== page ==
Many examiners do the best they can to accommodate applicant schedules, but they are trying to keep a schedule also. If your applicant was scheduled for 8 a.m. and wasn’t ready until 11 a.m., but the examiner has another test at 1 p.m., it is likely he is going to tell the first applicant he will have to reschedule. You would be surprised how many times examiners have had complaints filed against them with their flight standards district office because they “wouldn’t wait for the student” who was running late.

When it comes to checkride day, the job of the examiner really is that of a last check, not a training or preparing role for the applicant. The job of the flight training provider is to make sure the applicant and the aircraft are ready for the test. Take that job seriously, and you will find your applicants more successfully proceeding to the testing phase of checkride day.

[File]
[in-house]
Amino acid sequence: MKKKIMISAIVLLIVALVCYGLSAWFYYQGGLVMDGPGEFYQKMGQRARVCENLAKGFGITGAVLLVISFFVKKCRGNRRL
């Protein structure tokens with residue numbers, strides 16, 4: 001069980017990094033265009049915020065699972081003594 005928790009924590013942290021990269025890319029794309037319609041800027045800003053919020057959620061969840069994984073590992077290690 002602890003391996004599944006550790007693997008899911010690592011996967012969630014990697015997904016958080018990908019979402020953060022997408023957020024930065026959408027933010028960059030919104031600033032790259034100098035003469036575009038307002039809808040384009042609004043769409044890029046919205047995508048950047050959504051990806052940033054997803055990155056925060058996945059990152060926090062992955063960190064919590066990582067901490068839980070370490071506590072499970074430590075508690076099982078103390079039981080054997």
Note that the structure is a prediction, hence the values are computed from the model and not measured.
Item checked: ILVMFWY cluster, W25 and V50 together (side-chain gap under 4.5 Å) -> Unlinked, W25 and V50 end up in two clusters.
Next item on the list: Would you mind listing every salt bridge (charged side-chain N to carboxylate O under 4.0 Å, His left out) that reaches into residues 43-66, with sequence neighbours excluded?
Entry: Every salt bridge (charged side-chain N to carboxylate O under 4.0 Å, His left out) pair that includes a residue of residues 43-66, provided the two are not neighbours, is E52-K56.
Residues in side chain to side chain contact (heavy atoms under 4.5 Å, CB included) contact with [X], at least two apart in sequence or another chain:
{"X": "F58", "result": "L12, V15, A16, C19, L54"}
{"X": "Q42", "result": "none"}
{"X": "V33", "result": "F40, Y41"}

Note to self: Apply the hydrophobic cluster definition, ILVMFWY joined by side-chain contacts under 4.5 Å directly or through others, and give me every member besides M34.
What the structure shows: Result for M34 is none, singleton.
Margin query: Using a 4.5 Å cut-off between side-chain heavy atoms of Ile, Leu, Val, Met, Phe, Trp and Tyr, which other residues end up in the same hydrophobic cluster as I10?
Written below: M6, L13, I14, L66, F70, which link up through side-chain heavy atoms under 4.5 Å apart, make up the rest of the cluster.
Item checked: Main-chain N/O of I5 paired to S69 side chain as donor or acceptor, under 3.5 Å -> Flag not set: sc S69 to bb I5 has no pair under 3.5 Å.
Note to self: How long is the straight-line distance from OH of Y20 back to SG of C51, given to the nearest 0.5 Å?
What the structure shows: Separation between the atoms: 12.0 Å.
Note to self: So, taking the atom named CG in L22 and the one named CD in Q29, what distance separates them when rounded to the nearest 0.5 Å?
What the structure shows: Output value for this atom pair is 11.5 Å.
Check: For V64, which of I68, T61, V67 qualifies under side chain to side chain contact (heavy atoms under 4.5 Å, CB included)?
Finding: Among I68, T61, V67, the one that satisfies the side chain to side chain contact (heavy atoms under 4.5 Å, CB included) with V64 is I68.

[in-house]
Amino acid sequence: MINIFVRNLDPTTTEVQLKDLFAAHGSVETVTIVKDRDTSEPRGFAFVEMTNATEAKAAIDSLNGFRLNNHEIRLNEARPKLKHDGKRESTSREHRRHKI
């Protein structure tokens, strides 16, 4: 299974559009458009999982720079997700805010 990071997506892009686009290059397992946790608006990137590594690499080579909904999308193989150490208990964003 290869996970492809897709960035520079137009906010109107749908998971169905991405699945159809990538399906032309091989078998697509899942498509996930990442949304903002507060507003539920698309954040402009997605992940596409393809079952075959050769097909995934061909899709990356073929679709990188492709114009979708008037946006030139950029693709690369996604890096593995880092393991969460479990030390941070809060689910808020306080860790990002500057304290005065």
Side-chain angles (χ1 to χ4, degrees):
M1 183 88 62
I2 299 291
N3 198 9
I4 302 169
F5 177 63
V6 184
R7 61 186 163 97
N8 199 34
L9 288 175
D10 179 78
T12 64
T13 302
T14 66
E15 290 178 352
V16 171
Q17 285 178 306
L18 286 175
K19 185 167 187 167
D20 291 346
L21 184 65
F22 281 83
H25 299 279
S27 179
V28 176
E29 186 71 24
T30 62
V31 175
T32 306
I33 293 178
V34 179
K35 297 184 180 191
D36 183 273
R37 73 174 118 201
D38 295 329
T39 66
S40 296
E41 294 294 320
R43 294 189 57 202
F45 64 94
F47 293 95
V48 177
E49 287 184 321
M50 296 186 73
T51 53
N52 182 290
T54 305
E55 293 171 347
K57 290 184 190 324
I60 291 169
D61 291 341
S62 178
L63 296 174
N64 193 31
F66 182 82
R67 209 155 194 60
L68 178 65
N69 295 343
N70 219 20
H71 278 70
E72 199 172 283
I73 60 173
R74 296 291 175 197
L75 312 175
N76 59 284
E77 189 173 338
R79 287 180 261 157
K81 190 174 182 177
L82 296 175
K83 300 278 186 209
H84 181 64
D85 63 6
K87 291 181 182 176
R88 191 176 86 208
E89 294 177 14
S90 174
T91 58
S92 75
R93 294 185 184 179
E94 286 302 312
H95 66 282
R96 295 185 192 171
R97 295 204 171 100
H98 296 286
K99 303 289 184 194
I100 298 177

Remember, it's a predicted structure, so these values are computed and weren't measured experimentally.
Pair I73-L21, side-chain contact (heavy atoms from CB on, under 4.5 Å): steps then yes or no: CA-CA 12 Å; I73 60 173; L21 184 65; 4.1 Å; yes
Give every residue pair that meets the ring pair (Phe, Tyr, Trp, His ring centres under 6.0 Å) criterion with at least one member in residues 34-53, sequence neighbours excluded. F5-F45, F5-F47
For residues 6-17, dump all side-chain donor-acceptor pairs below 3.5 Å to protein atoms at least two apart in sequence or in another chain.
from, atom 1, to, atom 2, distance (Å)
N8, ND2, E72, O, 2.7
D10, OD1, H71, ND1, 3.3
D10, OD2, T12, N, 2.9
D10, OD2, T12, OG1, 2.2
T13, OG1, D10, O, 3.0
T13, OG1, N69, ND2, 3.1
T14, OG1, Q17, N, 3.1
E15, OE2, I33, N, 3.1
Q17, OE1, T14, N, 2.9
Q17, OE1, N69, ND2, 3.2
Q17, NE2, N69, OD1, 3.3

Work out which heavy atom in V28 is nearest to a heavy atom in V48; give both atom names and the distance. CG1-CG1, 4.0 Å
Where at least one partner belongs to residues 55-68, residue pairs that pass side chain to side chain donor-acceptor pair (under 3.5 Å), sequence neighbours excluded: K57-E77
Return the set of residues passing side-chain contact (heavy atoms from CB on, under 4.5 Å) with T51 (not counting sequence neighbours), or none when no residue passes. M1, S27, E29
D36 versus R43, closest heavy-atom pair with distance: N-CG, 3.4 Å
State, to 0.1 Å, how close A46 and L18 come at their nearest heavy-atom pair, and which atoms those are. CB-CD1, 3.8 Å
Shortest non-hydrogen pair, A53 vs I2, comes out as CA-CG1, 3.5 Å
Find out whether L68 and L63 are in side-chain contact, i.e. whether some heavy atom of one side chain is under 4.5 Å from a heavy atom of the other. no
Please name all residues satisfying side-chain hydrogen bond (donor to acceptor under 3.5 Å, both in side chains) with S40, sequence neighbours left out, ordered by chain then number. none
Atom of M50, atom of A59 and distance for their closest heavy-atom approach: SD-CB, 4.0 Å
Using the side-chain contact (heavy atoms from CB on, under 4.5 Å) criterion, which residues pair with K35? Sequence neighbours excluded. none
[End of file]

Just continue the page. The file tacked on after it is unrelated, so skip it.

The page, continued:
Jason Blair

Jason Blair is an active single- and multiengine instructor and an FAA designated pilot examiner with more than 6,000 hours total time, 3,000 hours of instruction given, and 3,000 hours in aircraft as a DPE. As examiner, he has issued more than 2,000 pilot certificates. He has worked for and continues to work with multiple aviation associations focusing on pilot training and testing. His experience as a pilot and instructor spans nearly 20 years and includes more than 100 makes and models of aircraft flown. Jason Blair has published works in many aviation publications with a focus on training and safety.